The European Commission’s Fifth Report on Relocation and Resettlement published on 13 July finds that the relocation system has many deficiencies, including a lack of relocations generally, lengthy response times and hardly any relocations of unaccompanied asylum-seeking children. In line with the previous four reports, the Commission urges Member States to fully comply with their obligations.

Ten months after the adoption of the Council Decisions, 3,056 persons in need of international protection have been relocated. This is far from the objective of 160,000 relocations within two years. Several Member States have only pledged 1-2% of their respective allocations, with Hungary having submitted none. Even though Hungary and Slovakia have challenged the second Council Decision before the Court of Justice of the European Union, they are still bound by the obligations rising from it, until further notice.

Even more worrying is the fact that over the course of these months, only 29 unaccompanied asylum-seeking children have been relocated. Even though the Council Decisions specify that preference should be given to vulnerable applicants, notably children, the Commission stresses that only a few Member States are willing to accept relocation transfers of unaccompanied children, and the places offered continue to be insufficient to relocate all who are eligible.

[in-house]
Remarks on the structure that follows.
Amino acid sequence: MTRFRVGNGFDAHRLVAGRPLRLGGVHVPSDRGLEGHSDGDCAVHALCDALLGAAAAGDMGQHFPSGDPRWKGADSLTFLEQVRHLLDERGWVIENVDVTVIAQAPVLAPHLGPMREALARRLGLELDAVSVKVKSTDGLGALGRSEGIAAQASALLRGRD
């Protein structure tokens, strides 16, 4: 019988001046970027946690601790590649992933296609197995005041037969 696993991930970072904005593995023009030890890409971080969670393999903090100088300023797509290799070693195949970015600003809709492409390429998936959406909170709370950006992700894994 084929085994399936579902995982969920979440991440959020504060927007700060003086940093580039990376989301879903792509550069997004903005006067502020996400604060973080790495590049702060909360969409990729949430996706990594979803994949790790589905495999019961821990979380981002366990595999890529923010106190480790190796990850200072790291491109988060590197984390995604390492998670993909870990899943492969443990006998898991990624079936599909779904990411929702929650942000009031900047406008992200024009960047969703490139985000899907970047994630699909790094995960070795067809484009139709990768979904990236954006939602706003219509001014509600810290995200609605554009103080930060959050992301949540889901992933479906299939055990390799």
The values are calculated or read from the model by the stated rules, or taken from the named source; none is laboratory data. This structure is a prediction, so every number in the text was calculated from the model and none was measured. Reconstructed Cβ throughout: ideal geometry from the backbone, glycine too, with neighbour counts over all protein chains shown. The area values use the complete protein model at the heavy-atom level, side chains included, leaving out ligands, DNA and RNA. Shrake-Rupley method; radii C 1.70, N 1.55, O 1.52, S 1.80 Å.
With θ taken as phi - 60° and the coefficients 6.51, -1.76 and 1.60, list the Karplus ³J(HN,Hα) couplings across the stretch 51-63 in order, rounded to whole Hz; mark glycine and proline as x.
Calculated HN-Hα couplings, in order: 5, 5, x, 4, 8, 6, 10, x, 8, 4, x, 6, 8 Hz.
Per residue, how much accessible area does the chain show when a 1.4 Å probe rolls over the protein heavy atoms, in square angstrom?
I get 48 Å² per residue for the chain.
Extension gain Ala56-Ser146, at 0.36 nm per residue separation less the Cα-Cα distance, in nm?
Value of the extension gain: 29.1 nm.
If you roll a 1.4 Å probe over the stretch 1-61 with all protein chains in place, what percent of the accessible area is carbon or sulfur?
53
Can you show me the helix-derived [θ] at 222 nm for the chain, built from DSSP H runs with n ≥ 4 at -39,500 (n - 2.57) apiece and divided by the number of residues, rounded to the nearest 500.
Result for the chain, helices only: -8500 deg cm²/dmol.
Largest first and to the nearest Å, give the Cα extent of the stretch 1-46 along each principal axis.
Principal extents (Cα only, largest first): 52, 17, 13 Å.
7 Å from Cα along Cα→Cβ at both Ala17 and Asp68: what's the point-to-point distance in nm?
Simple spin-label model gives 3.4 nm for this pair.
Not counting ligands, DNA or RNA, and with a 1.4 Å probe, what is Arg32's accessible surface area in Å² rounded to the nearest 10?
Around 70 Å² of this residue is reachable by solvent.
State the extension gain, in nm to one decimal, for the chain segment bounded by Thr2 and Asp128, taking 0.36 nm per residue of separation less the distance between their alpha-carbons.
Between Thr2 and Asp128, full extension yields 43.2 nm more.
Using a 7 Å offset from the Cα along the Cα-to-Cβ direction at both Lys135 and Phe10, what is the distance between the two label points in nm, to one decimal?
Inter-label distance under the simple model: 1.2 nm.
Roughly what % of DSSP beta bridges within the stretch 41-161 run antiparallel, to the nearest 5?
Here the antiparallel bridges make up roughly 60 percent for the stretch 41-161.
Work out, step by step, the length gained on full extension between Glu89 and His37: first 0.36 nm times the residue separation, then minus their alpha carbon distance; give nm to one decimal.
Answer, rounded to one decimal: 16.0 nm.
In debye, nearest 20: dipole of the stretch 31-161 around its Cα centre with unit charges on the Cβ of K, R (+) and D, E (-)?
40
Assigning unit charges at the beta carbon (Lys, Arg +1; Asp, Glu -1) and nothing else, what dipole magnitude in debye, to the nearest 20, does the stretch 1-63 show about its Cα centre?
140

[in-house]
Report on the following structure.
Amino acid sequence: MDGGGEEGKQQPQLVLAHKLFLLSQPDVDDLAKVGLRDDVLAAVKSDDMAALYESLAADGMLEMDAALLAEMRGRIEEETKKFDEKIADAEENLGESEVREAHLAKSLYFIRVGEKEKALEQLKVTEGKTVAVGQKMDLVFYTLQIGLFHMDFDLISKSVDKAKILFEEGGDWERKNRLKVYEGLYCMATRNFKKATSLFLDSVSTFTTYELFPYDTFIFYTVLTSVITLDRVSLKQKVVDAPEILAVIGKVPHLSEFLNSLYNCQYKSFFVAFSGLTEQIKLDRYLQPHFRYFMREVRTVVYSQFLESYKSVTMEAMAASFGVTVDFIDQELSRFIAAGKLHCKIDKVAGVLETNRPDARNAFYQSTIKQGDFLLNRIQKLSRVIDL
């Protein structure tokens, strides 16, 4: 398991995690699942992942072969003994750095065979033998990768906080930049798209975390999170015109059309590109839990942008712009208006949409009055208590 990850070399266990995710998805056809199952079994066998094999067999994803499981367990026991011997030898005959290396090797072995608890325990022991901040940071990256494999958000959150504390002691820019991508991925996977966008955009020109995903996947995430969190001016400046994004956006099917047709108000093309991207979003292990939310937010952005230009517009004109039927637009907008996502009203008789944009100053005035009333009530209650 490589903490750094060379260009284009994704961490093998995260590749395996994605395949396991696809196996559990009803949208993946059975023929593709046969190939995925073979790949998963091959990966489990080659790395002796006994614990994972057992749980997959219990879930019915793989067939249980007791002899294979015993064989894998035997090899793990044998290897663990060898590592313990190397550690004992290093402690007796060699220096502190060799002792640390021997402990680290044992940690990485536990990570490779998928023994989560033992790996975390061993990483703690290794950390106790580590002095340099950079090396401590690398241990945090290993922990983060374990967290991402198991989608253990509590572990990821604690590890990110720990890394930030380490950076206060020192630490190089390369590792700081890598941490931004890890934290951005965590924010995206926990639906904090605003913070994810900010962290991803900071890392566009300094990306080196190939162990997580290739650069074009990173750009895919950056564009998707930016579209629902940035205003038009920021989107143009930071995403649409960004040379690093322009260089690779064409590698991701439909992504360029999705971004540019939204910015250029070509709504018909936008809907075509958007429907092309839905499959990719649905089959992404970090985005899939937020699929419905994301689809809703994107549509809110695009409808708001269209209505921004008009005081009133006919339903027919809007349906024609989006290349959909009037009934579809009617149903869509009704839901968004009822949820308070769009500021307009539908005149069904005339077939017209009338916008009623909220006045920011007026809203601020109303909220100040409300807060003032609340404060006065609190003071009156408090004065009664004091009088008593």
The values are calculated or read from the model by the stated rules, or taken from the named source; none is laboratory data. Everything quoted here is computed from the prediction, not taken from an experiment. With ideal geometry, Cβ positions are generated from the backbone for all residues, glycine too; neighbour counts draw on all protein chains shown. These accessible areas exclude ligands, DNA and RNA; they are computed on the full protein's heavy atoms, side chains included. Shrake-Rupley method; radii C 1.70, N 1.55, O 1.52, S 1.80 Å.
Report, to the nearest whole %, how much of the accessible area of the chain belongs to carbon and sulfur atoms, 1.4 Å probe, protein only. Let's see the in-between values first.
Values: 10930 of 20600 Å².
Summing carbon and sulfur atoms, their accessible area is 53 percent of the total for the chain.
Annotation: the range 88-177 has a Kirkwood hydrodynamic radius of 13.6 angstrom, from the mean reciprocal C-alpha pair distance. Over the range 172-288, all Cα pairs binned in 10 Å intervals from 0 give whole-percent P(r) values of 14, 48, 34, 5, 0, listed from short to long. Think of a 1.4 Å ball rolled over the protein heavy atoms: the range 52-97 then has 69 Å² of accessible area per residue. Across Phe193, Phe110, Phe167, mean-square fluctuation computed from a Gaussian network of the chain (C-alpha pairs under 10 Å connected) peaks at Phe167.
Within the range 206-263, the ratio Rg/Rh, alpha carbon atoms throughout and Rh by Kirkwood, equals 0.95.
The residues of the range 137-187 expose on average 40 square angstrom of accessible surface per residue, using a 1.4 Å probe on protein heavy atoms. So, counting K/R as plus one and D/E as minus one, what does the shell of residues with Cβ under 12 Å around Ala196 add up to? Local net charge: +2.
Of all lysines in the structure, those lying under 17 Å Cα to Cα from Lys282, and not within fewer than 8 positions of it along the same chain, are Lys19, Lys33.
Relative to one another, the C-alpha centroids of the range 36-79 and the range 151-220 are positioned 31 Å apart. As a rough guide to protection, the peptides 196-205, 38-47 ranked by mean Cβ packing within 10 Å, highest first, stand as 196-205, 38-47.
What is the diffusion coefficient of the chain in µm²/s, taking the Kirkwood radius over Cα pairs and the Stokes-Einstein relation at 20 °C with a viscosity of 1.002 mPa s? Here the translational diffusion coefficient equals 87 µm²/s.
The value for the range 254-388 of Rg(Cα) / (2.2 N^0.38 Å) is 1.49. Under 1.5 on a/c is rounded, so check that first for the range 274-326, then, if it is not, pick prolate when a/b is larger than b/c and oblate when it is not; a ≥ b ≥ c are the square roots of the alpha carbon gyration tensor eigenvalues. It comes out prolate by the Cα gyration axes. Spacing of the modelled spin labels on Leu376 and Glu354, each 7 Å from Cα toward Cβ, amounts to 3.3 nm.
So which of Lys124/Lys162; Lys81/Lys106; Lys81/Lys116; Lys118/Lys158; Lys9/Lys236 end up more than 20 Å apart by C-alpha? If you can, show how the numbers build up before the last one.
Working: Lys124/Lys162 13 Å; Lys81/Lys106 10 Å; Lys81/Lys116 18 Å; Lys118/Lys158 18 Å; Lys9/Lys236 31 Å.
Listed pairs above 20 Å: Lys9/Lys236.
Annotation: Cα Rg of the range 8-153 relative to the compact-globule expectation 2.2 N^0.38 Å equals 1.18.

Other recurring problems highlighted in the report are the extensive security checks which slow down the system, unjustified refusals of relocation requests by EU Member States, lengthy response times and a lack of response to EASO’s call for experts. The Commission has reiterated that countries should increase their number of pledges, with a focus on unaccompanied asylum-seeking children and that countries are not allowed to refuse applications unless motivated under the exclusion grounds of the Qualification Directive.

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This article appeared in the ECRE Weekly Bulletin of 15 July 2016. You can subscribe to the Weekly Bulletin here.